The historic legacy of the Alameda Naval Air Station will be preserved at the Alameda Naval Air Museum located in the former Air Terminal Building #77 at Alameda Point. Our museum features archival materials, photographs and stories of the war workers of World War II up to the eventual closing of the base in 1997.This project was made possible by a grant for building upgrades from the Economic Development Agency and the city of Alameda. To date, some $750,000 worth of improvements have been made to Building #77 to meet all code requirements of the City of Alameda.Volunteers established the Alameda Naval Air Museum as an educational community center to tell the story of it\’s beginnings in support of the Pacific Fleet in World War II and it\’s subsequent decades of service to the nation during Korea, Vietnam and Desert Storm.Visitors can read historic newspapers, such as those published at Pearl Harbor, and have an opportunity to re-live the past. That is what history is all about. We are interested in acquiring and preserving documents that illustrate and celebrate the people and stories of the World War II years. Our collection includes artifacts, photographs, aircraft models, programs, guide books, flyers, documents, safety gear, medals, uniforms, badges and awards.The purpose of our museum is to preserve for the benefit and inspiration of future generations and to leave a historic legacy.Society and industry were changed forever by the sweeping impacts of the World War II build-up. For the first time, men, women and minorities worked together side by side. Services such as health insurance and child care were initiated in industry to improve worker\’s health, productivity and retention. Labor and government worked together to provide to the fleet overhauled aircraft and engines achieving unheard of production records.People moved here from all over the country in unprecedented numbers to seek industrial production jobs. This changed rural and urban America forever. The Air Station had 45,000 personnel at its peak in 1945 when the city of Alameda had only 25,000 residents. The base covered one-third of the island of Alameda.The museum volunteers host many visits of school children and other local and national groups so they can learn about Naval Aviation history and the valuable contributions made by the many generations of workers during the last half of the 20th Century. More than 250 skilled trades came together at NAS Alameda to create lasting records of top workmanship and professionalism.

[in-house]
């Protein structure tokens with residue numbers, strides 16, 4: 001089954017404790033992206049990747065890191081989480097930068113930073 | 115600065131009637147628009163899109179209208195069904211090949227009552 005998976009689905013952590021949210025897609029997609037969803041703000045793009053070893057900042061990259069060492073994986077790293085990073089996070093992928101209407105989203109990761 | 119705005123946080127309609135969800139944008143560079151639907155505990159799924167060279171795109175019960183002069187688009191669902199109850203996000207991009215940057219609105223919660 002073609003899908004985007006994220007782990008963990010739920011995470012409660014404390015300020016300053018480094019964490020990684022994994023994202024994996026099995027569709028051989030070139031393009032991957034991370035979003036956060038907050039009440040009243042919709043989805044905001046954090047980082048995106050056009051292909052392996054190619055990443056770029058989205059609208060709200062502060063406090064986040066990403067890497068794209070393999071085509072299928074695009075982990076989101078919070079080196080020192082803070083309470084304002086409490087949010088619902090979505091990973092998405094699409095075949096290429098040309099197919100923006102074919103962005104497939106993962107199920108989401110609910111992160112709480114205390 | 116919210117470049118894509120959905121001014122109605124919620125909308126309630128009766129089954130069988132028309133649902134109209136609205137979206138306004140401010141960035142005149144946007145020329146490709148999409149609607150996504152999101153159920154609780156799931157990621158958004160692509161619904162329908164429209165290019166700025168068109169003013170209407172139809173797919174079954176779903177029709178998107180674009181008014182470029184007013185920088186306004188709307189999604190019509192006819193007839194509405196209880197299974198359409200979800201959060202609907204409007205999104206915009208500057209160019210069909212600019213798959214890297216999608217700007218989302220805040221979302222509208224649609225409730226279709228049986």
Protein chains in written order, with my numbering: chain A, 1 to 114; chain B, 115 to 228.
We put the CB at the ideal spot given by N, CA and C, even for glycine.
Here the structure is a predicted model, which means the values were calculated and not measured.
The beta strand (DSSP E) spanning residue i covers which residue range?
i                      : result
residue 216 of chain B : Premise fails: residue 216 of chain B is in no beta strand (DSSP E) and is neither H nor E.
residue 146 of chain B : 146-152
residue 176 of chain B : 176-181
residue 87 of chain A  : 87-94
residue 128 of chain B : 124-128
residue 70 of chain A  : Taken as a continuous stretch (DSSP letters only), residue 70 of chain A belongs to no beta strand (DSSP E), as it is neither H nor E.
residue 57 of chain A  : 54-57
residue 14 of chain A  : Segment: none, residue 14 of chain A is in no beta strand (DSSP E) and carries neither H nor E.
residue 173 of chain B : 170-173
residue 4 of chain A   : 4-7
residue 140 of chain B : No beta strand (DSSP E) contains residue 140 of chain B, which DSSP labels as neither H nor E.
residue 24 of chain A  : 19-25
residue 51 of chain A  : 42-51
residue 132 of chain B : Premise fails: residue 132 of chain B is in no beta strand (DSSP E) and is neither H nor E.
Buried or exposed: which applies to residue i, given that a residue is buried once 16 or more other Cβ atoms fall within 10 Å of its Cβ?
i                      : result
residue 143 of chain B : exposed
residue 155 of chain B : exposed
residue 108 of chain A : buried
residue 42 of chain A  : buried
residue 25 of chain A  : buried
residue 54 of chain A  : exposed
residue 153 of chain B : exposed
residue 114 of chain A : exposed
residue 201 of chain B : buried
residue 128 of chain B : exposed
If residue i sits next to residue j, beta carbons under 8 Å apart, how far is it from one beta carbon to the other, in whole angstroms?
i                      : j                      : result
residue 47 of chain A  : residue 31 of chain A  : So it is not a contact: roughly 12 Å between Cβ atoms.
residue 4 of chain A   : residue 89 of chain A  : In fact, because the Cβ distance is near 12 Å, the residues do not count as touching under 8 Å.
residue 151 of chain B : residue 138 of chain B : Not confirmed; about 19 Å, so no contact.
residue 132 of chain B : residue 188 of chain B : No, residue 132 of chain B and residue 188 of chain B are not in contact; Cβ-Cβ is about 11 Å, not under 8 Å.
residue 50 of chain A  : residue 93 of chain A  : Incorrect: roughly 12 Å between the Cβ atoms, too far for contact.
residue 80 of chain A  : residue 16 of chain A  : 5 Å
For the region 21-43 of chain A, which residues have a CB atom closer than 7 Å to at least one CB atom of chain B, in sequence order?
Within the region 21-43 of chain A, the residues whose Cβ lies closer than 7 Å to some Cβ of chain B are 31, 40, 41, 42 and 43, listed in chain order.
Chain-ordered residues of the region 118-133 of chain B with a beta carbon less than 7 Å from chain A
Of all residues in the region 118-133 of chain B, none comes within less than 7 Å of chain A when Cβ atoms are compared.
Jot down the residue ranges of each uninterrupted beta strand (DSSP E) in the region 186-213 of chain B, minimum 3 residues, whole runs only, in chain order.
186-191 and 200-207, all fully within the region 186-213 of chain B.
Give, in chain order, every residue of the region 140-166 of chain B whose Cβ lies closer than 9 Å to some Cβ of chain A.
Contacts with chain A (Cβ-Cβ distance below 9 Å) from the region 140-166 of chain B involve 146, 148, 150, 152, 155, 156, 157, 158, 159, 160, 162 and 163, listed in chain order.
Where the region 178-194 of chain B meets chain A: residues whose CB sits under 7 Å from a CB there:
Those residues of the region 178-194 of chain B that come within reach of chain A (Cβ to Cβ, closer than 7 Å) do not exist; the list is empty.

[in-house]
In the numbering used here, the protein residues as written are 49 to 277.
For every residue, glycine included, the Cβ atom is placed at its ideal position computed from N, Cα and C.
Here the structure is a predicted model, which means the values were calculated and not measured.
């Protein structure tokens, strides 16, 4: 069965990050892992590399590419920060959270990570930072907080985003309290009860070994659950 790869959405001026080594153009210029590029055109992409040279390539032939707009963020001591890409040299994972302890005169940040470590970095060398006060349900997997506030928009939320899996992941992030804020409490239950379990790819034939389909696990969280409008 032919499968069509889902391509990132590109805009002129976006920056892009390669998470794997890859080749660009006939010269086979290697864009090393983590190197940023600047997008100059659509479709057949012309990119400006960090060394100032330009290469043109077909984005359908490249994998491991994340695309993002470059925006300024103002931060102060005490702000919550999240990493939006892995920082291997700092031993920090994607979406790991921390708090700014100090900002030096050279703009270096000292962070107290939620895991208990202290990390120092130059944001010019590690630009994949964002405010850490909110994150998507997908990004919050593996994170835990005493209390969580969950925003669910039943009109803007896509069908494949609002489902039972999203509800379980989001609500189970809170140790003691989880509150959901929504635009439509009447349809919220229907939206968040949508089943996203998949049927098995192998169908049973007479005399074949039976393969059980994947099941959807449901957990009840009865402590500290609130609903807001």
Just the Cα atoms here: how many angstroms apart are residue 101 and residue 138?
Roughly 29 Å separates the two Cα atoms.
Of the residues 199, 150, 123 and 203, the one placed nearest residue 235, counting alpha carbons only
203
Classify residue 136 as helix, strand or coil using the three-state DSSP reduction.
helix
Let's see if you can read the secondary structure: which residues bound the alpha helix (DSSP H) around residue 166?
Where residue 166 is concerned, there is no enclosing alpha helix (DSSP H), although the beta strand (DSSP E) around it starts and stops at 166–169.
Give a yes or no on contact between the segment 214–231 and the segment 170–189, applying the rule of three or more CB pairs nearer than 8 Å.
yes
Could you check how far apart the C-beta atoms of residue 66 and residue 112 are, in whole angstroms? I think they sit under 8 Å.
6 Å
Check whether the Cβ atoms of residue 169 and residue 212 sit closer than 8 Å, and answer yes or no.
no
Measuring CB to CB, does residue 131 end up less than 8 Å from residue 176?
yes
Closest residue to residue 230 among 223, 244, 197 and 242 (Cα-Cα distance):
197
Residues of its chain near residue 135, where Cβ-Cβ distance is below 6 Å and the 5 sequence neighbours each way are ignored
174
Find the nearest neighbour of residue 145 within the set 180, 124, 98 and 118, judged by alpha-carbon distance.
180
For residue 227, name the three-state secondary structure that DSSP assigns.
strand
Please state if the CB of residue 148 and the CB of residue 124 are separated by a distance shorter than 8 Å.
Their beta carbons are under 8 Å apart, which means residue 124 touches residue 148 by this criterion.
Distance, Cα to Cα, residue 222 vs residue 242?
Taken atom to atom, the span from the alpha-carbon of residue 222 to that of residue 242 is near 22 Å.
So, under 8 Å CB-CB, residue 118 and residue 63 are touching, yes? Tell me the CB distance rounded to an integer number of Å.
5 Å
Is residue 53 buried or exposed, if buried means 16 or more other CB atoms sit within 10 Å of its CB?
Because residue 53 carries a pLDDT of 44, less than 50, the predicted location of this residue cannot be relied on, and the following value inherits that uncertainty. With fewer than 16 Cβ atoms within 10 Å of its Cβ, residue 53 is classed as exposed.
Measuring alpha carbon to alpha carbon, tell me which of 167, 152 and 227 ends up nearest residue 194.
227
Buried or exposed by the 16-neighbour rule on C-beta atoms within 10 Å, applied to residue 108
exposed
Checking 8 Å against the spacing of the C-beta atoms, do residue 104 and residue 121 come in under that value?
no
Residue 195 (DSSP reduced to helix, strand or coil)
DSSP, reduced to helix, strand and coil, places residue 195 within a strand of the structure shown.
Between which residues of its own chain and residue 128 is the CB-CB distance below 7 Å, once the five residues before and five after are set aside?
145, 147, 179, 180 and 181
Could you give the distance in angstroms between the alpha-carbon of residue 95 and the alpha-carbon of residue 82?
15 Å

In 1990, a group of Delta retirees launched an effort to locate one of Delta\’s first 1940s Douglas DC-3 aircraft. This combined with an effort to consolidate Delta\’s memorabilia and archival collections, created a groundswell of support that expanded into a museum.The goal of the museum is to collect, preserve, and present the history of Delta Air Lines in ways that educate and engage. We serve Delta employees and families, Delta friends, local community organizations and non-profits, and academic researchers.On May 23, 1995, the Delta Air Transport Heritage Museum, Inc, was incorporated as an independent nonprofit corporation, organized exclusively for public charitable uses and purposes and qualified under Section 501(c)(3) of the Internal Revenue Code. It is devoted to collecting and preserving the history and heritage of Delta Air Lines and all of the airlines that have merged with Delta in the past. This includes Chicago & Southern Air Lines (1953), Northeast Airlines (1972), Western Airlines (1987), Northwest Airlines (2008), and information about the acquisition of Pan Am\’s trans-Atlantic and shuttle routes (1991). The Museum is located in the Delta World Headquarters in Atlanta and is open to Delta employees, retirees, corporate visitors, and to the general public by appointment.